A collective trauma, a responsibility of all
In the United States, different variables coincide behind mass violence with firearms. Inequality, polarization, the legitimization of violence and the pandemic, among other factors, in the midst of a population that is fragmented, pave the way for the creation of a social atmosphere conducive to shootings, said Wilson López, a psychology professor from the Javeriana University.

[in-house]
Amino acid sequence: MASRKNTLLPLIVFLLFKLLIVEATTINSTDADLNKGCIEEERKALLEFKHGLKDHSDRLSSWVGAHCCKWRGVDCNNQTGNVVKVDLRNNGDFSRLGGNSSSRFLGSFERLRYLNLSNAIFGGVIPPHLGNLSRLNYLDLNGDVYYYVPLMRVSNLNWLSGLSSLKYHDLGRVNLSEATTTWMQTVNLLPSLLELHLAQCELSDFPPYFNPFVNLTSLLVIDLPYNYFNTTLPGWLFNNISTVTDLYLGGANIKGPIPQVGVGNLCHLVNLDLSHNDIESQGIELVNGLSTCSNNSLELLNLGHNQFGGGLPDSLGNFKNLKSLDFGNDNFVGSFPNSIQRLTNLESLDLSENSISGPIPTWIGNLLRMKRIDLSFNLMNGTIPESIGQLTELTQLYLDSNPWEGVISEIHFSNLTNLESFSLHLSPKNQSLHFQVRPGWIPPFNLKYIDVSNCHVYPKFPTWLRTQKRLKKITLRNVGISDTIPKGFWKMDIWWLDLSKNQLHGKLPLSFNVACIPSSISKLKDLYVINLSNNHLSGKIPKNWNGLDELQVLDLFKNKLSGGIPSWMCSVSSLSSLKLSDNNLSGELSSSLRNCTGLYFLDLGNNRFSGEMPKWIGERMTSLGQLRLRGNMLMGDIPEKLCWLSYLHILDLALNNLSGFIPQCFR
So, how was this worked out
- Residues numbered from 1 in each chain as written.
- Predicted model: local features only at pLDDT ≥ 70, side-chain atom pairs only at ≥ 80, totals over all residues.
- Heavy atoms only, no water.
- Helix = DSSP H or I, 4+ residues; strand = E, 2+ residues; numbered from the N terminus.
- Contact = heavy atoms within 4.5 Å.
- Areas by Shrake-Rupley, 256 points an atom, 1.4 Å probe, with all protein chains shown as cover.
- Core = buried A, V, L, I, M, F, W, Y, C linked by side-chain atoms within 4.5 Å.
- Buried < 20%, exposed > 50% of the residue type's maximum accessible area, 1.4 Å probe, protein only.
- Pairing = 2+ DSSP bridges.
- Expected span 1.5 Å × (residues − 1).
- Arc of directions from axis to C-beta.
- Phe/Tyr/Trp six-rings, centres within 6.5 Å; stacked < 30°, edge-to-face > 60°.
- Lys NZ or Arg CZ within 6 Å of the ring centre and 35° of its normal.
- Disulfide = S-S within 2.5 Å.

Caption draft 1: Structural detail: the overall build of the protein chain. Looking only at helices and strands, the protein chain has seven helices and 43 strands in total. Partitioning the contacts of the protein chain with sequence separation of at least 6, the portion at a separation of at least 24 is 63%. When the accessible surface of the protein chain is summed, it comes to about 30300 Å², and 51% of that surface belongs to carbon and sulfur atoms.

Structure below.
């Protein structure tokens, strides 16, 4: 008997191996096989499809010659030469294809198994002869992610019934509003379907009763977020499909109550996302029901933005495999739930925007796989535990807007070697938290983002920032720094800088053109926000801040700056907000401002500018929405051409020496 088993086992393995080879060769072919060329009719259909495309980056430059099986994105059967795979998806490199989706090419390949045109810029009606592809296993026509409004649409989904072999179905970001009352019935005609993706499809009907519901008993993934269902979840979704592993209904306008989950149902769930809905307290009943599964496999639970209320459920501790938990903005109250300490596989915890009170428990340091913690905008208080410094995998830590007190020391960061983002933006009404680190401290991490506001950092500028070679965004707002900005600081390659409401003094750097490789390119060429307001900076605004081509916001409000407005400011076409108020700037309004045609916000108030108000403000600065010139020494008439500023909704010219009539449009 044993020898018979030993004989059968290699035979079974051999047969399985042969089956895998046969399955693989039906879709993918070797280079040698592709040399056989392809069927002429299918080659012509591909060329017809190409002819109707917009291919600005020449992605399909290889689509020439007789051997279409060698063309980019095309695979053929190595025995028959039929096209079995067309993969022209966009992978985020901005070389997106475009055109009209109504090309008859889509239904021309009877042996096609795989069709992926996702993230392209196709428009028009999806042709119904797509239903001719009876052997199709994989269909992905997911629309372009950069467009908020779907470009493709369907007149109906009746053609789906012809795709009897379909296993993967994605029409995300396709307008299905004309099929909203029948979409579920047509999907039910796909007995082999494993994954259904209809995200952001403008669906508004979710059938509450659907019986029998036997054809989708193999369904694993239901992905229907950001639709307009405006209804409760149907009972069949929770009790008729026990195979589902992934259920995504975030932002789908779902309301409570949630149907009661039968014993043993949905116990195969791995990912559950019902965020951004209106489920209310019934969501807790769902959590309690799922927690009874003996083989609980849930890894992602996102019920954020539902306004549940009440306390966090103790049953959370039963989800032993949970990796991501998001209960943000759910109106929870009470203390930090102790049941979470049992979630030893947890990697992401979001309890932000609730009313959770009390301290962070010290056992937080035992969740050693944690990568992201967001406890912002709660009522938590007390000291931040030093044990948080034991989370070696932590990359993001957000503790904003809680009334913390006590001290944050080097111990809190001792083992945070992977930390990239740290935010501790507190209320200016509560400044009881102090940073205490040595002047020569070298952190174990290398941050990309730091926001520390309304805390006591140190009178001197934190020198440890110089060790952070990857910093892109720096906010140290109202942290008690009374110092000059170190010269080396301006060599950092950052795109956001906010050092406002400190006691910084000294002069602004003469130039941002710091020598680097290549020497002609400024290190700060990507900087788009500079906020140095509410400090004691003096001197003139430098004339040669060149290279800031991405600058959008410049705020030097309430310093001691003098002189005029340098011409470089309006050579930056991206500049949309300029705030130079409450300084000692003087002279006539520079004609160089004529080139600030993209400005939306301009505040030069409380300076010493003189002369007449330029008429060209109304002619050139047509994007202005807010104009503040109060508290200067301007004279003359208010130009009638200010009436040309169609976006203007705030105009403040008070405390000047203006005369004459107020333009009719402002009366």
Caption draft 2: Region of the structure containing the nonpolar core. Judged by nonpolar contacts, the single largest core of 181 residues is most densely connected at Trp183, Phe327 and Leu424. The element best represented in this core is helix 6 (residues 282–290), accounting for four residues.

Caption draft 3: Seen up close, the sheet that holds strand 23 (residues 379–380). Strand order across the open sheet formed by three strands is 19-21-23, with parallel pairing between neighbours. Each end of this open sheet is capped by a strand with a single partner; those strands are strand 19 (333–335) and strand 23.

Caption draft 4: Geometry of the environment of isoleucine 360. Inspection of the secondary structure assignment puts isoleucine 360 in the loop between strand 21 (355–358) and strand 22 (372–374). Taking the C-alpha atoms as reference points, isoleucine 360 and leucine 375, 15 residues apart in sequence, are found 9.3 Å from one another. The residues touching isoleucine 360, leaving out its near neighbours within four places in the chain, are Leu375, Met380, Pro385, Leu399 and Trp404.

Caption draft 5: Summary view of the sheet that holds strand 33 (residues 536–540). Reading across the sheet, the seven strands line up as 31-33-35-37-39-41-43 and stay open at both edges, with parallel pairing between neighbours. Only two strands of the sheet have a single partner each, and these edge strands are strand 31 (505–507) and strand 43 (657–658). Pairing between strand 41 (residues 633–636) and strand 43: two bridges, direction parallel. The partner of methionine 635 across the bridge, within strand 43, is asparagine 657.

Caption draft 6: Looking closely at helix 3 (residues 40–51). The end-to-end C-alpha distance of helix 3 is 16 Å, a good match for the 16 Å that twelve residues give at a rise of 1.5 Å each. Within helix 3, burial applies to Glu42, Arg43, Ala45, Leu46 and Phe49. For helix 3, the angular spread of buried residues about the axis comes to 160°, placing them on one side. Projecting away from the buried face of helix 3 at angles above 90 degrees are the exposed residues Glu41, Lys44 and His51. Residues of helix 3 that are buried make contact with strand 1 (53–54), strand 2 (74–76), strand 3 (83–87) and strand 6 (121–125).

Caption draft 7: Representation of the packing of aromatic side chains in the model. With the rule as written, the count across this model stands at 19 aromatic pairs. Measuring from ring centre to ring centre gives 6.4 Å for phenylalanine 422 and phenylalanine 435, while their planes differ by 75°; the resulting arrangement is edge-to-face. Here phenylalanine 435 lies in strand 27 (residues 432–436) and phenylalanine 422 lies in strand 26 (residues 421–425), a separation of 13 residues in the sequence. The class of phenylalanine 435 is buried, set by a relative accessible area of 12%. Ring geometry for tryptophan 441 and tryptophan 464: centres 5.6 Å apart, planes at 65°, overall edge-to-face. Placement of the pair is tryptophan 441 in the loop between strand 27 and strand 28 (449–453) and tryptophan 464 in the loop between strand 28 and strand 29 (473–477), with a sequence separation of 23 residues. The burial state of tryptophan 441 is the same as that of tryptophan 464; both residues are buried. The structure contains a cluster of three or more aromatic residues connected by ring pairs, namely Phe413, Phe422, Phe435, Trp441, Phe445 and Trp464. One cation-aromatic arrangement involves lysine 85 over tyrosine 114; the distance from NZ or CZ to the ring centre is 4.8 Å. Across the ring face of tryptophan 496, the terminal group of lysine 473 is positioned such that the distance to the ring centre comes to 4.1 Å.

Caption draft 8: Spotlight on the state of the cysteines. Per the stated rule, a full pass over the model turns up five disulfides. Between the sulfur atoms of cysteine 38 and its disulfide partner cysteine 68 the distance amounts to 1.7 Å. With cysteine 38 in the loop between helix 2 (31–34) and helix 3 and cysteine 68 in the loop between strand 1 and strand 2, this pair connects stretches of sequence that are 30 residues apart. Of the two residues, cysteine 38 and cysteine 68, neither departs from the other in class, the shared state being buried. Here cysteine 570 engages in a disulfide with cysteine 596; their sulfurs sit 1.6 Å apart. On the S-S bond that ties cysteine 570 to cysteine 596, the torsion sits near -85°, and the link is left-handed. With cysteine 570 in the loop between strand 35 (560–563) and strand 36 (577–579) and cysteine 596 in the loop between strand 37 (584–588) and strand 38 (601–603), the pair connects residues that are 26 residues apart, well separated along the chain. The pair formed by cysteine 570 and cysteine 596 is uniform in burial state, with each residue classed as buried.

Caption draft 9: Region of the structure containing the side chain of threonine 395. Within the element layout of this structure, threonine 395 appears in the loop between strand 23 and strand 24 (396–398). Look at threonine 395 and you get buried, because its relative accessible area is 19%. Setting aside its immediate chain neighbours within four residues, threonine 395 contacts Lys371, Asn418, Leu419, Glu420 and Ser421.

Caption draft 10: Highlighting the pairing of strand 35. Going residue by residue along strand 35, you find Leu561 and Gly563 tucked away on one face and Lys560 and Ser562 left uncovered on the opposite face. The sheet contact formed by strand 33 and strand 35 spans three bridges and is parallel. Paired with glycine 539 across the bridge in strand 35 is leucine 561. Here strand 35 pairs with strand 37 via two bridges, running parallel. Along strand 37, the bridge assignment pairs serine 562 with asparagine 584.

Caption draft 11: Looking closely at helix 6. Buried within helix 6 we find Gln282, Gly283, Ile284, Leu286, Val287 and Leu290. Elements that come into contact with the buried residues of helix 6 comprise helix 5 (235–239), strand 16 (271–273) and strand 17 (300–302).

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Although these features are not exclusive to American society, the truth is that, on the one hand, the pandemic accentuated inequality in the North American country and in a disparate way. As documented by Human Rights Watch, “Black, Latino, and Native American communities have been disproportionately affected by the negative effects of the pandemic, which has deepened racial injustices in health care, housing, employment, education, and accumulation of wealth. wealth”. We must not forget that, according to the Children’s Defense Fund, although violence with firearms affects all minors, those of African descent, followed by American Indian/Alaska Native children, are most at risk, according to the study “The State of American Children”, published in 2021.